8) Will it be 50K? No one really knows if the novel they're planning will be 50K or not. There is no way to be 100% sure. For example: Chosen Ones of the Forbidden Object, my NaNo12 project was supposed to be 200K. It's 152K and had to be stretched. I thought Changed, the WIP I'm stalling on (I've got a case of the distractions), was going to be 100K. It just hit 60K and I've only got about 4K to go. Seer was supposed to be about 70K. It's 92K. Heck, the Cara Series was supposed to be one book and morphed into four. Again, just go with it. If you find yourself under don't worry because it's easier to add a subplot or a bit more description then to take stuff out.

9) Social life: The thing that enables me to write as much as I do is that I don't have a social life. No really. I have two really good friends who both work weekends and nights when I'm free. We get together twice a month, sometimes more, but communicate by texting. I'm also a bit anti-social and a hermit so that helps. I'm not saying cut everyone out but you may have to reduce some time with friends/family/etc if you want the 50K. It depends on your typing speed and motivation.

10) Motivation: Even if you feel like crap you have to write. Forcing something onto the page can sometimes break the writer's block and if you're sick it can make you feel better. But, DO know when to give up. If you're almost in tears because you just can't find the right word then stop. Take a break. Take a walk, vent or whatever, then try again after you've cleared your head. Just don't let the head clearing take too long.

11) Write every day: this is a given but if you make a habit of it in November, why stop? Keep going through the year and by next Nov you'll have increased your typing speed, smoothed out your style, figured out how you write effectively and the 50K will be a breeze.

Final words: No matter what happens during NaNo (or during any writing project), remember: YOU HAVE NOT FAILED. Even if you only manage 5K, it's 5K more than what you had going into this thing.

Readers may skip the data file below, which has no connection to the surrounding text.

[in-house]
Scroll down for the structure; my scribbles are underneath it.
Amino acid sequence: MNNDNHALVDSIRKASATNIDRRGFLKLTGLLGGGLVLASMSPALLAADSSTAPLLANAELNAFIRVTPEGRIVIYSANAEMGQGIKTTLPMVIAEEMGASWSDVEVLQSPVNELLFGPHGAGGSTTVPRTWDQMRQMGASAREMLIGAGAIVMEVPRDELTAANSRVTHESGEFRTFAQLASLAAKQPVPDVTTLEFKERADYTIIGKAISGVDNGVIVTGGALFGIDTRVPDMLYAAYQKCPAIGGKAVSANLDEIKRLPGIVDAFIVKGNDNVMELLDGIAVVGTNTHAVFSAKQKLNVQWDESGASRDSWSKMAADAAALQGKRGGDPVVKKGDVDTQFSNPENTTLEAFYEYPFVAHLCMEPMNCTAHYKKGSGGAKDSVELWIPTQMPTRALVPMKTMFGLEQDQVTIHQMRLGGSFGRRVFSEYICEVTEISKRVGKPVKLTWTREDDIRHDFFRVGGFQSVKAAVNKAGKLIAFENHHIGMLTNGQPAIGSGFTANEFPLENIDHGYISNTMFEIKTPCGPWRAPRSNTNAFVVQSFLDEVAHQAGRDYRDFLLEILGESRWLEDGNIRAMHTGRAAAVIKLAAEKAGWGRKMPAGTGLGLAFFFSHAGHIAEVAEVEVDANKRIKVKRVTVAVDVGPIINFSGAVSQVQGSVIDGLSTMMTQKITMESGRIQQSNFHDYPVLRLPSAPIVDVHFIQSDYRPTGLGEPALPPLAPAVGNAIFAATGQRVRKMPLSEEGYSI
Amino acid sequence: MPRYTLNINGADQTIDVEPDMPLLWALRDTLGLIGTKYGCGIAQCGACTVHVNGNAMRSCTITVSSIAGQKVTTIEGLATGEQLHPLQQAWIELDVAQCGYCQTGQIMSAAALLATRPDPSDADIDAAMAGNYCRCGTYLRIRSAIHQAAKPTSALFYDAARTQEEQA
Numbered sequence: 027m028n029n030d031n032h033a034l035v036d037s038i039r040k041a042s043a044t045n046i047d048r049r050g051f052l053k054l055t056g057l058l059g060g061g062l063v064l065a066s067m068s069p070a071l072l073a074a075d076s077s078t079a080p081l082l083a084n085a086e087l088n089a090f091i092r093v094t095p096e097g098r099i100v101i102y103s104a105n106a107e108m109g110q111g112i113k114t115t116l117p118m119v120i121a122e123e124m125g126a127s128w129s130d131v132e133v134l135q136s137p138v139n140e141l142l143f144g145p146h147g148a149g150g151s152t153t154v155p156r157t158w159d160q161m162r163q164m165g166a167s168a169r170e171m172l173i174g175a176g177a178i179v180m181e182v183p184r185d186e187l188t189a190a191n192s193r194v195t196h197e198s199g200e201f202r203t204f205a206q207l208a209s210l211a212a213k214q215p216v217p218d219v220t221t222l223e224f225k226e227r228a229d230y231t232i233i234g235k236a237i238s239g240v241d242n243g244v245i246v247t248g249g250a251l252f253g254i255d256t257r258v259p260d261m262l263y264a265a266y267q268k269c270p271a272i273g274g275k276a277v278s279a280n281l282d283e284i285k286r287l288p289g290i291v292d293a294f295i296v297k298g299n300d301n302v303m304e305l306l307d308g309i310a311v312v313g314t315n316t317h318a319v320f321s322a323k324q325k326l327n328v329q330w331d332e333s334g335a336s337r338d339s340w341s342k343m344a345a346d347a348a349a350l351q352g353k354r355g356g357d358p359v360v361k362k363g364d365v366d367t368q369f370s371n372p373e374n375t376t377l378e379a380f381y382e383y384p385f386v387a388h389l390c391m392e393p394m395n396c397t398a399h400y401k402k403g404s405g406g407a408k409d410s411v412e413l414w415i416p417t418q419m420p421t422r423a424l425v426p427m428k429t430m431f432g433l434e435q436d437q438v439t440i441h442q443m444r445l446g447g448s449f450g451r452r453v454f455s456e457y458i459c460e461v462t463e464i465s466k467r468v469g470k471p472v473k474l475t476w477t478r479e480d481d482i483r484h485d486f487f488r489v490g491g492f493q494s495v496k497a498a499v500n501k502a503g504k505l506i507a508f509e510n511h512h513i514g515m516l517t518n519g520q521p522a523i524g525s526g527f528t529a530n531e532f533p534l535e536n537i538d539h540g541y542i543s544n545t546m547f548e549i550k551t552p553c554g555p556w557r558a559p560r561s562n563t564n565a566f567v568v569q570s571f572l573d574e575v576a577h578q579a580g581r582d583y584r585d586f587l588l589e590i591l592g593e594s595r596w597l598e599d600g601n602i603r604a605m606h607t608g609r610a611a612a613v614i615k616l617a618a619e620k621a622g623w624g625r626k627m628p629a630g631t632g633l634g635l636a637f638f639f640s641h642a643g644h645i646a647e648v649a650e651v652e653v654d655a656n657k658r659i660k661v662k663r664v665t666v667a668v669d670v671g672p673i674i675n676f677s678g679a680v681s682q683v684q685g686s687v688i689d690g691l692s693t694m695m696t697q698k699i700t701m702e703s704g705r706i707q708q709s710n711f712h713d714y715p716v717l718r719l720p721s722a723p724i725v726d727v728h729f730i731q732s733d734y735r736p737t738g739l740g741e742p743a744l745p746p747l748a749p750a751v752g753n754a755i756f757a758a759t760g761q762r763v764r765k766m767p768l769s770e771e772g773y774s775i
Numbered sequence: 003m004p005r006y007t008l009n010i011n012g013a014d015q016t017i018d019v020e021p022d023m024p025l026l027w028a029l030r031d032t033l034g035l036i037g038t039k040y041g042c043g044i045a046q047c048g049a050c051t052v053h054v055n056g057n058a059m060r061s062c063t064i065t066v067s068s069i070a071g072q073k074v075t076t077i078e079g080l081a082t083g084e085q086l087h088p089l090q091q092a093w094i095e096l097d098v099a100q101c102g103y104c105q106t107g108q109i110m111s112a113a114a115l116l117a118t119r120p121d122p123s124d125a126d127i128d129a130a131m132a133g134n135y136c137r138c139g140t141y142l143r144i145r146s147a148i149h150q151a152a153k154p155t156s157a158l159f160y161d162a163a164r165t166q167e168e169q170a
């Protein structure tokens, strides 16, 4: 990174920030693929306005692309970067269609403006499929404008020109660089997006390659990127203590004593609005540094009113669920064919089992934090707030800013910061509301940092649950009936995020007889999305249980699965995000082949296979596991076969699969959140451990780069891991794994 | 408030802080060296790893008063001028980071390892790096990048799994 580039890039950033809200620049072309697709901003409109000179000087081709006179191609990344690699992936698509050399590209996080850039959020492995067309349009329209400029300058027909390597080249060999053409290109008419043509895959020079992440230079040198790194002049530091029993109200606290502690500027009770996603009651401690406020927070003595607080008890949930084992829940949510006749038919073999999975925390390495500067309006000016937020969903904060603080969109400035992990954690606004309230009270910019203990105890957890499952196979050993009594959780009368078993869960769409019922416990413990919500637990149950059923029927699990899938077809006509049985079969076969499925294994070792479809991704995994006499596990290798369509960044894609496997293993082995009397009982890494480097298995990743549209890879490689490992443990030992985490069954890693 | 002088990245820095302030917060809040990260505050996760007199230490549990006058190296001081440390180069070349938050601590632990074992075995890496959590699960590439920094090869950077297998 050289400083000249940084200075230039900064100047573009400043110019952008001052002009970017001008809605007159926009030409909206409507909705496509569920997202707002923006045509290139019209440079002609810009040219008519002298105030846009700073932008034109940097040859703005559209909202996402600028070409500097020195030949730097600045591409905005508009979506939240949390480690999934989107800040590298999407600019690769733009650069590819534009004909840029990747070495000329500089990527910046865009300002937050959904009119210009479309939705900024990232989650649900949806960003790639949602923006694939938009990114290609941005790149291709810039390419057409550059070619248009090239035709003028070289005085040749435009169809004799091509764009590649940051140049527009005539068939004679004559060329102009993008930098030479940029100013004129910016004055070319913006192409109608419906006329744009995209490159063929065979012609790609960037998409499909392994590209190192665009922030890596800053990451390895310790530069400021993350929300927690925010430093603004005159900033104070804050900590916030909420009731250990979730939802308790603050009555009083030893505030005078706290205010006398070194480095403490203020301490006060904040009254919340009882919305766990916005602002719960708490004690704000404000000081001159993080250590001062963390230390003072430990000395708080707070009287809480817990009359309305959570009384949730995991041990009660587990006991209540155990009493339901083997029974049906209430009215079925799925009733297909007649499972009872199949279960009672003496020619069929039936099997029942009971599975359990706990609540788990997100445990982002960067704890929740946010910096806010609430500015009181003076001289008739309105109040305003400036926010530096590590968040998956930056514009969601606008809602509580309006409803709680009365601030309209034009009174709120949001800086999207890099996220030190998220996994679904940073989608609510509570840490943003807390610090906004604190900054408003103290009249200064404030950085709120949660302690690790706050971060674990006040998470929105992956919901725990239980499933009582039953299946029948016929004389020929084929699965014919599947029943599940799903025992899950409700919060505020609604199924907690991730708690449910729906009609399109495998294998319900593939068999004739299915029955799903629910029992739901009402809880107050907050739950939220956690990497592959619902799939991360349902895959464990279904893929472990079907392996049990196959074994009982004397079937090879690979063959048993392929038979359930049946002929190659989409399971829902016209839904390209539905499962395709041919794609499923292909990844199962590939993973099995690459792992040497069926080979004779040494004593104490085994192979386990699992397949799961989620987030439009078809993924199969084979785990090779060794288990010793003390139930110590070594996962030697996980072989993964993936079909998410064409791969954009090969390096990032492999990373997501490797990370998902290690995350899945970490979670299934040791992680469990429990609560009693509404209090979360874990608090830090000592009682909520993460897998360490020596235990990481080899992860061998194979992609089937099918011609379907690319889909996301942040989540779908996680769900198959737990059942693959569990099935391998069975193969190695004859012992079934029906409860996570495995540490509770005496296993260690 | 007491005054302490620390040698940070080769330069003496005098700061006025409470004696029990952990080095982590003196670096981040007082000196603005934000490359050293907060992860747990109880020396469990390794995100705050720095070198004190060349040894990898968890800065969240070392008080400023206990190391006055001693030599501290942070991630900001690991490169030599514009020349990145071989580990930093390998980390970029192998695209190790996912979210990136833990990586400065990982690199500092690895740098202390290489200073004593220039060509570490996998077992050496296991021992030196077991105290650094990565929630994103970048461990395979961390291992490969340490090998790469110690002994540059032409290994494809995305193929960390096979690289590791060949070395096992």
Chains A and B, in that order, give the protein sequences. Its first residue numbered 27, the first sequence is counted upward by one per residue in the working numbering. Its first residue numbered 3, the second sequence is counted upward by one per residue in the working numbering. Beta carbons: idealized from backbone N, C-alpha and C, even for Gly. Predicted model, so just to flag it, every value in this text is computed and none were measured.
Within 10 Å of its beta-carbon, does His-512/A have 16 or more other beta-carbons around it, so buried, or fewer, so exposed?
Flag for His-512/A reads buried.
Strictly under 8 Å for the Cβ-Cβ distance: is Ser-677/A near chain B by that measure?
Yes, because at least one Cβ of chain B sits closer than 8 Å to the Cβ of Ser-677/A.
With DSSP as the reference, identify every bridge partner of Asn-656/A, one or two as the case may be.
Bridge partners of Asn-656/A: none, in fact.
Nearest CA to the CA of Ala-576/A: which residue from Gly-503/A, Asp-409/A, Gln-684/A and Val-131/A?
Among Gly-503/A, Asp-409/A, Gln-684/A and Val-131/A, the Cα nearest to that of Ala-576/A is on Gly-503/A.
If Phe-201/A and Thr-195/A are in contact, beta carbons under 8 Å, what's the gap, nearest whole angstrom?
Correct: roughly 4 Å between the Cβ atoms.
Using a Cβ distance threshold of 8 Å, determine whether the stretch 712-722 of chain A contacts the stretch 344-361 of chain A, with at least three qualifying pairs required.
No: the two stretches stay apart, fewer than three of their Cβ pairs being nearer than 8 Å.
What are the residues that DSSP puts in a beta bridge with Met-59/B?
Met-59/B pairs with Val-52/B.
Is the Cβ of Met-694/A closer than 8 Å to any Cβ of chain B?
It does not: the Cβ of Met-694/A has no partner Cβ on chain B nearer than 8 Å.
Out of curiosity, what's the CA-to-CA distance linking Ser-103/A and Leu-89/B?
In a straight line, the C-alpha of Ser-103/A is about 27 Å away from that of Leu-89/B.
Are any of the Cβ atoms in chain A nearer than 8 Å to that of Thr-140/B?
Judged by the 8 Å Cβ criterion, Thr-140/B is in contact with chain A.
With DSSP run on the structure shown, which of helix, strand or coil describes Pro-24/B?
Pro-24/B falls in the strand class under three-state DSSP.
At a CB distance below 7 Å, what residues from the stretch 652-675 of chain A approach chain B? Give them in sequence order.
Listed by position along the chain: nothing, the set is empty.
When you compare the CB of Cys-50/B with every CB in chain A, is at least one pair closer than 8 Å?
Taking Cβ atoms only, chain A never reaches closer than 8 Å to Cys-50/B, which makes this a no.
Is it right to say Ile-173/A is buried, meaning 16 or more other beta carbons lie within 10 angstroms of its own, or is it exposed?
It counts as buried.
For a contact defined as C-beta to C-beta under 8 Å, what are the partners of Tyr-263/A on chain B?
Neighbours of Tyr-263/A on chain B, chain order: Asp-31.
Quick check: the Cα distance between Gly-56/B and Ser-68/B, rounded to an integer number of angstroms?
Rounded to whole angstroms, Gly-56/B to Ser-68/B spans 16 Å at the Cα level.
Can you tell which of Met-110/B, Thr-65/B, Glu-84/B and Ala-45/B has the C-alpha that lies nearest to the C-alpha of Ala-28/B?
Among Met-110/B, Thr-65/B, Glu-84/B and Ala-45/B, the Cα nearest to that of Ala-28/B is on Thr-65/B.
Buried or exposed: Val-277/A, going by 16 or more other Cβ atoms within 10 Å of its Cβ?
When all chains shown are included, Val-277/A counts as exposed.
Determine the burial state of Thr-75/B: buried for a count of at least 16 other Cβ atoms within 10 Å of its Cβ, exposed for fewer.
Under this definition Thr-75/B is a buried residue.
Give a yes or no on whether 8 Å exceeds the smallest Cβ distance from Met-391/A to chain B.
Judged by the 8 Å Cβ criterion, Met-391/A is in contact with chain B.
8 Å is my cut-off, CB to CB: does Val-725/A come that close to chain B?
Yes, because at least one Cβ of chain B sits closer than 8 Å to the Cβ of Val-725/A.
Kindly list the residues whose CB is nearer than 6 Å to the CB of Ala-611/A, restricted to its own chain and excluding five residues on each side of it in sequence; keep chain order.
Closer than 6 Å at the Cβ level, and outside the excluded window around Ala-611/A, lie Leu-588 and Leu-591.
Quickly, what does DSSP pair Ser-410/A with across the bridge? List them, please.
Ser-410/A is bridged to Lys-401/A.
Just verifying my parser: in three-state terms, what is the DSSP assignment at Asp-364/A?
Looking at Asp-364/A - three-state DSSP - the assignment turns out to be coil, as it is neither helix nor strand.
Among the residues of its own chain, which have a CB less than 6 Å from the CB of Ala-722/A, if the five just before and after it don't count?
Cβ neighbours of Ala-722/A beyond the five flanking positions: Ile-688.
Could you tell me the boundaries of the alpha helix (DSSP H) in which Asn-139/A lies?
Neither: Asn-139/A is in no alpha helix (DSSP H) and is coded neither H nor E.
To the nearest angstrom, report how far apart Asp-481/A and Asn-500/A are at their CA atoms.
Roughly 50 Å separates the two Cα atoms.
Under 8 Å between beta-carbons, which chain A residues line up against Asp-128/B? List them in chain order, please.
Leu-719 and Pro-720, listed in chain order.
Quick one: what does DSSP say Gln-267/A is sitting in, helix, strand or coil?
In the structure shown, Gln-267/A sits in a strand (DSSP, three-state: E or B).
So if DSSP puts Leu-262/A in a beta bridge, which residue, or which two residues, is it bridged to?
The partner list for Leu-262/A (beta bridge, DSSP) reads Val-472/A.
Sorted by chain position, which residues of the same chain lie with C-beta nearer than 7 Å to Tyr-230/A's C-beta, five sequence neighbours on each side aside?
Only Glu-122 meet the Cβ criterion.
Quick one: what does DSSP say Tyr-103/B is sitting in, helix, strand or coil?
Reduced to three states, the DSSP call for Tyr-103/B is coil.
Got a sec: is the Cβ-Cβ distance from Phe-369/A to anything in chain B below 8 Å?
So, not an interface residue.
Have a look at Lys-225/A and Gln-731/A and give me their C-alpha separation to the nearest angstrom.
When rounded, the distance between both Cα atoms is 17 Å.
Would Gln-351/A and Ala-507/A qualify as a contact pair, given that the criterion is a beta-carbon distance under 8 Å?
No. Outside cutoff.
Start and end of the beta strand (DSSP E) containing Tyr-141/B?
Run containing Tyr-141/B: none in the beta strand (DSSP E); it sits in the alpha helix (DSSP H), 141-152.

Until next time: comments, questions, rants, rage and out-right insults can be directed to the comments.


  1. All of this is great advice! I had to laugh when I read the part about the idea shuffle. That is so true! I can't tell you how many times I've assigned choices different numbers and used a generator to pick. Then I would keep picking until it gave me the answer I wanted. Why didn't I just pick that one, then?

    I'm definitely more of a hermit, too. The only people I hang out with (besides my boyfriend) are fellow overachievers, so at least they understand. :D

    1. Thanks for the comment. And I instantly pictured your avatar on the NaNo forums in my mind when I saw your name...ha.

      Anyway, I think being a bit of a hermit comes with the whole writing thing, you know? It's one of those stereotypes that in most cases is true.

      The idea shuffle is the one thing that took me a while to learn. I kept bouncing between ideas but would secretly want to work on an old one but the new one was shiny and yeah. The dart board works well for me. I think some people think I'm nuts when I mention it though...haha.